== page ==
DD: The design of Dolby Cinema considers both aesthetic and technical elements of the consumer journey, including the pathway leading to the auditorium and the auditorium itself. Since the launch of Dolby Cinema, we have made minor tweaks to the design to ensure the best movie-going experience, but no major changes that a guest would notice.  We also realized early on in our deployment that the audio video pathway design element would have to be selectively used as it practically cannot be built into many locations as the existing space cannot accommodate it or the cost of renovation is prohibitive. 

Disney-Pixar's 2012 feature Brave was the first film released in Dolby Atmos.DCR: As Dolby understands as well as any company in the world, technology constantly changes? How has Dolby Cinema changed since the first installations and what additional changes can you discuss regarding the future?

DD: We set out to develop and deploy the most technically advanced solution available, and we believe we achieved that, therefore unlikely we would need major changes or enhancements.

Like the design elements of Dolby Cinema, we do make minor changes and updates on software and hardware, but no major changes that are notable to the guests. Our system continues to provide the most advanced, pure cinematic experience today with the combination of the Dolby Vision dual laser projection system and the object-based Dolby Atmos audio system.  

The design of Dolby Cinema considers both aesthetic and technical elements of the consumer journey, including the pathway leading to the auditorium and the auditorium itself.As for the future, we work closely with filmmakers, studios, and exhibitors to consider technologies and solutions that could enhance the experience we provide. We have seen higher frame rate as an example of something that certain directors have pushed for and we will work to make that available. Beyond that we have ideas and we share those with key stakeholders as our goal is to make the Dolby Cinema experience the best it can be and ensure the big screen experience is unique and differentiated from other entertainment options.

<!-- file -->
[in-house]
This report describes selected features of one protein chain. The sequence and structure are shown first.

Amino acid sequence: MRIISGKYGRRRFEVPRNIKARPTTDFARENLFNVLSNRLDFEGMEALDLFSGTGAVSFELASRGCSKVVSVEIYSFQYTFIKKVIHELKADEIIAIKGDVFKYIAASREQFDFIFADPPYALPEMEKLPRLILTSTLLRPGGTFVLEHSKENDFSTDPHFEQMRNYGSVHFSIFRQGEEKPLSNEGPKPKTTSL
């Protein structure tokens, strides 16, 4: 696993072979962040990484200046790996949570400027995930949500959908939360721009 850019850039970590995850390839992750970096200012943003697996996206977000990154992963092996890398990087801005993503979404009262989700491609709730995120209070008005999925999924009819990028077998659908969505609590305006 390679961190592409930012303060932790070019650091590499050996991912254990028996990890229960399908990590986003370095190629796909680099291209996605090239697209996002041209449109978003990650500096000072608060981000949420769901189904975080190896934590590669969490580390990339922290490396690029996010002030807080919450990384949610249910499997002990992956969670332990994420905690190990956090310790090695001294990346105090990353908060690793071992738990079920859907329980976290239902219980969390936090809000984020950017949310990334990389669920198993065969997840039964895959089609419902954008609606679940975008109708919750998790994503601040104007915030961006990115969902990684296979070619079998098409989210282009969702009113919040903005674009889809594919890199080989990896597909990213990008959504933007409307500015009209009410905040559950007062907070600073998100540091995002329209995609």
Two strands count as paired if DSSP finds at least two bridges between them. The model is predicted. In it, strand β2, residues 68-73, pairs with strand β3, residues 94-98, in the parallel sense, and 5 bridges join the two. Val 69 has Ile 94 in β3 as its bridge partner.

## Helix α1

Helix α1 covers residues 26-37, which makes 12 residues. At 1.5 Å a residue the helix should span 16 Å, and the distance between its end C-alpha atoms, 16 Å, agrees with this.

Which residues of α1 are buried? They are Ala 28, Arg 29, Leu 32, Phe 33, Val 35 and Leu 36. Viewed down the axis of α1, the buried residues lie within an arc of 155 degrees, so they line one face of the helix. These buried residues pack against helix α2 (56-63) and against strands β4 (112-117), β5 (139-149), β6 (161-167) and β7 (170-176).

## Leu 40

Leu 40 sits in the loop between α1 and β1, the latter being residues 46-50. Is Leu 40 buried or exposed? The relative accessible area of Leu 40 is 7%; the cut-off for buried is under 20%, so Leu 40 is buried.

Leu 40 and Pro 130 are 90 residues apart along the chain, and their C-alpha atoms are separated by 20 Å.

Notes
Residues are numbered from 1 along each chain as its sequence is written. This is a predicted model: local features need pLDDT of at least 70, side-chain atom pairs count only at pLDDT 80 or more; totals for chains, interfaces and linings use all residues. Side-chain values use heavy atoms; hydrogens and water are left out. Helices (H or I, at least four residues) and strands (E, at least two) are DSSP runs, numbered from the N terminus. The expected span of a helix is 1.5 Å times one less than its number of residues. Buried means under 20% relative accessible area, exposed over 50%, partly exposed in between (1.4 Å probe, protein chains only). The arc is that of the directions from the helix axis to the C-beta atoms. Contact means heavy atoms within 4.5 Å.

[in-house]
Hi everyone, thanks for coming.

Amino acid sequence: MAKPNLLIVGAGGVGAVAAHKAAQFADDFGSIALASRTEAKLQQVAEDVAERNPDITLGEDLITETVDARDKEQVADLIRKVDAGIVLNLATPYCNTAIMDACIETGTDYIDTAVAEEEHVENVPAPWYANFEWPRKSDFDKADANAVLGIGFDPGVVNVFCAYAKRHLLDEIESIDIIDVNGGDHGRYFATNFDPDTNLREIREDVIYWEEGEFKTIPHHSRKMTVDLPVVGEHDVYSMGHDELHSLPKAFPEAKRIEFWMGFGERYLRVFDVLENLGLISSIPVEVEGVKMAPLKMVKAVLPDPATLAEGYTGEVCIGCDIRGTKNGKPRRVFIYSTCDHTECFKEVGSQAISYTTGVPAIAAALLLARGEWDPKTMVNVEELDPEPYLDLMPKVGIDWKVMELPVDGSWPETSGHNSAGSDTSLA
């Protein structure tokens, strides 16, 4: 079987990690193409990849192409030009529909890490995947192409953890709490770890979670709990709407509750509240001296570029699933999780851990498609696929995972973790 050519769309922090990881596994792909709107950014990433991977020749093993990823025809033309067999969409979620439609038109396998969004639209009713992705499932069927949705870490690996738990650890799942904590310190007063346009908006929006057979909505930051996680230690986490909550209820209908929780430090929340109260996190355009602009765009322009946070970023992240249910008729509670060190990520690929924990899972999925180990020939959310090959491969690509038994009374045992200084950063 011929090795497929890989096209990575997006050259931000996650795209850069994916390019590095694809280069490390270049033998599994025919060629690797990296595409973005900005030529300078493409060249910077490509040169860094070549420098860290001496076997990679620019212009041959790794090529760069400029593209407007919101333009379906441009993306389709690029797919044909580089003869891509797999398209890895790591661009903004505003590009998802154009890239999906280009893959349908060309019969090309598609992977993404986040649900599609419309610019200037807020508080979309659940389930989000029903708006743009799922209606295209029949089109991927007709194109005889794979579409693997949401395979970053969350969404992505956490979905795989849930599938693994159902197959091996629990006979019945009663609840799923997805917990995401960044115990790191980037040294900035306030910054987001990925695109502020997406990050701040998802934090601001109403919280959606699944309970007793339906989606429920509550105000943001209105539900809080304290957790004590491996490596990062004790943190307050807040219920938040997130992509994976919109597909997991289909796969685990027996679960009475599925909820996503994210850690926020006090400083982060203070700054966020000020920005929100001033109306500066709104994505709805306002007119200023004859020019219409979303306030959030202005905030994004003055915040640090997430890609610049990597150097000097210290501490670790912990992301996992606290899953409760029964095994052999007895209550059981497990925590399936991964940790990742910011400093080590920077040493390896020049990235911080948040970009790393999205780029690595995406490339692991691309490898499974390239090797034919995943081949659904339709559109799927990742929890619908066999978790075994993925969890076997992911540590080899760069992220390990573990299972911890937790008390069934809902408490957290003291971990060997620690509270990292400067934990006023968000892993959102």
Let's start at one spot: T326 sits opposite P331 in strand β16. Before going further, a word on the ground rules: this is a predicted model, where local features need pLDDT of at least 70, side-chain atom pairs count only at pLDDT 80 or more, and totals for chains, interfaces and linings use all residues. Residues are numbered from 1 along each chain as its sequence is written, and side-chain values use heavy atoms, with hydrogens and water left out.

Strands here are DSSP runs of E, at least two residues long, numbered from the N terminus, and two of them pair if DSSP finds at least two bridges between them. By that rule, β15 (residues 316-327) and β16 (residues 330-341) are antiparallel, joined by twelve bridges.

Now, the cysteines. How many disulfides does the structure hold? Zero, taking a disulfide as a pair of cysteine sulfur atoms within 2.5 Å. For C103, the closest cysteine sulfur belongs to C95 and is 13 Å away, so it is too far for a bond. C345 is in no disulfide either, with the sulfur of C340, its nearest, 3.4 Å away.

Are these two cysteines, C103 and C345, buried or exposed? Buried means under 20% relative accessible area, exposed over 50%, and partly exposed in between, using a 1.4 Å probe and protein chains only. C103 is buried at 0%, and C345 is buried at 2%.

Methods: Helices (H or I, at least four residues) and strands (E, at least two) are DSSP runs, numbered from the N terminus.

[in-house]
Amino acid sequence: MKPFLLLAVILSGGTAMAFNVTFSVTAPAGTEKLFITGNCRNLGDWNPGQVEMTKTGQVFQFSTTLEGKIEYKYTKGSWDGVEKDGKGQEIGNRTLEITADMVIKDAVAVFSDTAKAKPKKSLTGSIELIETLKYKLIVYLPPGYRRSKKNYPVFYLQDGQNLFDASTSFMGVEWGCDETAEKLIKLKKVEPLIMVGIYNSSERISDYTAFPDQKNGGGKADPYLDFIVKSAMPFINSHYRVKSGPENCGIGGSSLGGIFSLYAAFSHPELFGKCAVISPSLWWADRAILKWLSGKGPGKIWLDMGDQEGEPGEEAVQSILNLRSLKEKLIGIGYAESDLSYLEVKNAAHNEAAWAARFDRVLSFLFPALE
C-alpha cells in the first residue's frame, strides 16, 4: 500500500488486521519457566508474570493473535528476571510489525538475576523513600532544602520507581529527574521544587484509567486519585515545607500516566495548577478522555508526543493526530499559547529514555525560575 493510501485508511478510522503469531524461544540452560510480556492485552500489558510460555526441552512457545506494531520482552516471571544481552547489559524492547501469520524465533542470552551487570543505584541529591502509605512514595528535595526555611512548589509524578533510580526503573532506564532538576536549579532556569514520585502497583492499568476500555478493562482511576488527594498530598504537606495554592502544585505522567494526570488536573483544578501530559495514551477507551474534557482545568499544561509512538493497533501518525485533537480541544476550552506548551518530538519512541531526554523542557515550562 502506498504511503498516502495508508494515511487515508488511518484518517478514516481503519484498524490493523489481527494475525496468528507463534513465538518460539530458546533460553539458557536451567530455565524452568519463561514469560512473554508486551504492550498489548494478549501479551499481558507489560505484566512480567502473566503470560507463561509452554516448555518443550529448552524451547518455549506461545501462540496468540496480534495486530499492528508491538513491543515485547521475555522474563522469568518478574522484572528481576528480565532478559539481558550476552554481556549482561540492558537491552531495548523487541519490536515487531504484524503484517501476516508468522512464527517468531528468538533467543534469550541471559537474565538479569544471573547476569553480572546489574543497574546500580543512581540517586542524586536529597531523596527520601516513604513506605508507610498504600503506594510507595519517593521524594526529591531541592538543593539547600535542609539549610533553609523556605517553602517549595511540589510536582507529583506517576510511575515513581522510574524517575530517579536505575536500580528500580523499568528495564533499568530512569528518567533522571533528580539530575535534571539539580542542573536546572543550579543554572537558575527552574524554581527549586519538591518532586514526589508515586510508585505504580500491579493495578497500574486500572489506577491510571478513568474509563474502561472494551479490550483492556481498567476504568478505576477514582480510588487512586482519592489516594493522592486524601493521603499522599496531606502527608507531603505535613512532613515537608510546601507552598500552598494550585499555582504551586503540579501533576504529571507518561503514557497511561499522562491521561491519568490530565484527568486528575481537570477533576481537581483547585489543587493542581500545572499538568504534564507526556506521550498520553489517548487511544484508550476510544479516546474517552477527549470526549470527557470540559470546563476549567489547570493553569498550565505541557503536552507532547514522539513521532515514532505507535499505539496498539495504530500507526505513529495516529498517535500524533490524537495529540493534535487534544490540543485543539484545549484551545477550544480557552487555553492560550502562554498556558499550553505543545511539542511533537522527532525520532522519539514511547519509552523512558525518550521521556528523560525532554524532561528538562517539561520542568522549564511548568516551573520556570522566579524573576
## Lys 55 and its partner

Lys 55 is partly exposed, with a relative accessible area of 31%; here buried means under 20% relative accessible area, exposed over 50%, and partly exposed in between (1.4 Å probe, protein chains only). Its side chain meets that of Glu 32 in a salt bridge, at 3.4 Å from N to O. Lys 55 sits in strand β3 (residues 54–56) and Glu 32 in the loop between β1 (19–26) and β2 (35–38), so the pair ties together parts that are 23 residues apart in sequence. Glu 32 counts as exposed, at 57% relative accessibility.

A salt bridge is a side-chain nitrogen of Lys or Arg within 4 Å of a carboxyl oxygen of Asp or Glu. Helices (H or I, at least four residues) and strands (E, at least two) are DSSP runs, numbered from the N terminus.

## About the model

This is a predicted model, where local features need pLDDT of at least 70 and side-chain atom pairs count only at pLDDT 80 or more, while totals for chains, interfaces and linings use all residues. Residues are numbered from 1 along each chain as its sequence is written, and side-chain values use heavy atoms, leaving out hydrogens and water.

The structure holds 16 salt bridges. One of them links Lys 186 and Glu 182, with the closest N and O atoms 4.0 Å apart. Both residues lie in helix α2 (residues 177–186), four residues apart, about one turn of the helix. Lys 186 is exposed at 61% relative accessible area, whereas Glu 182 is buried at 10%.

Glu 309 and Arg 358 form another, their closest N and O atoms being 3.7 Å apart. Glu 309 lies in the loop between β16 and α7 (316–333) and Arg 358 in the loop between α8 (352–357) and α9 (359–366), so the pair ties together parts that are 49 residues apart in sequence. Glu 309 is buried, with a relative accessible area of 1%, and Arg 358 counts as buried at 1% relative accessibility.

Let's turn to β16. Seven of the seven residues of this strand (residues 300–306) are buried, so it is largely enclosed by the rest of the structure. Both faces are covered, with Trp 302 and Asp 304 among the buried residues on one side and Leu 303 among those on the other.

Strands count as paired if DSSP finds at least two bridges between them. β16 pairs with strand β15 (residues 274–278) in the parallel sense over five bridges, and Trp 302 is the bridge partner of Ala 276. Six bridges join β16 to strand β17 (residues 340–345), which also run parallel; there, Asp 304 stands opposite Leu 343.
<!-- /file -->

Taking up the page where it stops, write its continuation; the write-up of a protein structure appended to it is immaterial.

DCR: Every time I’ve attended a Dolby Cinema screening the theatre has been packed. And, yet, I have friends, including filmmakers, who aren’t familiar with the concept and what it has to offer. What is Dolby doing to make the general public better aware of Dolby Cinema?

DD: Dolby works with our exhibitor and studio partners around the world to market the benefits of Dolby Cinema to consumers. We tell our story through a combination of in-theatre marketing, social media, special screening events, premier sponsorships, and more. Over time, we expect more and more people to learn about Dolby Cinema and discover why it is the best way to see a movie. Moviegoer feedback that we have collected and we have seen from our exhibitor partners is outstanding and we are growing our awareness of this offering. Currently in the US market, Dolby Cinema has the highest per screen average of any other PLF offering and so it is clear that the support from consumers is growing and it shows people want a high quality big screen experience.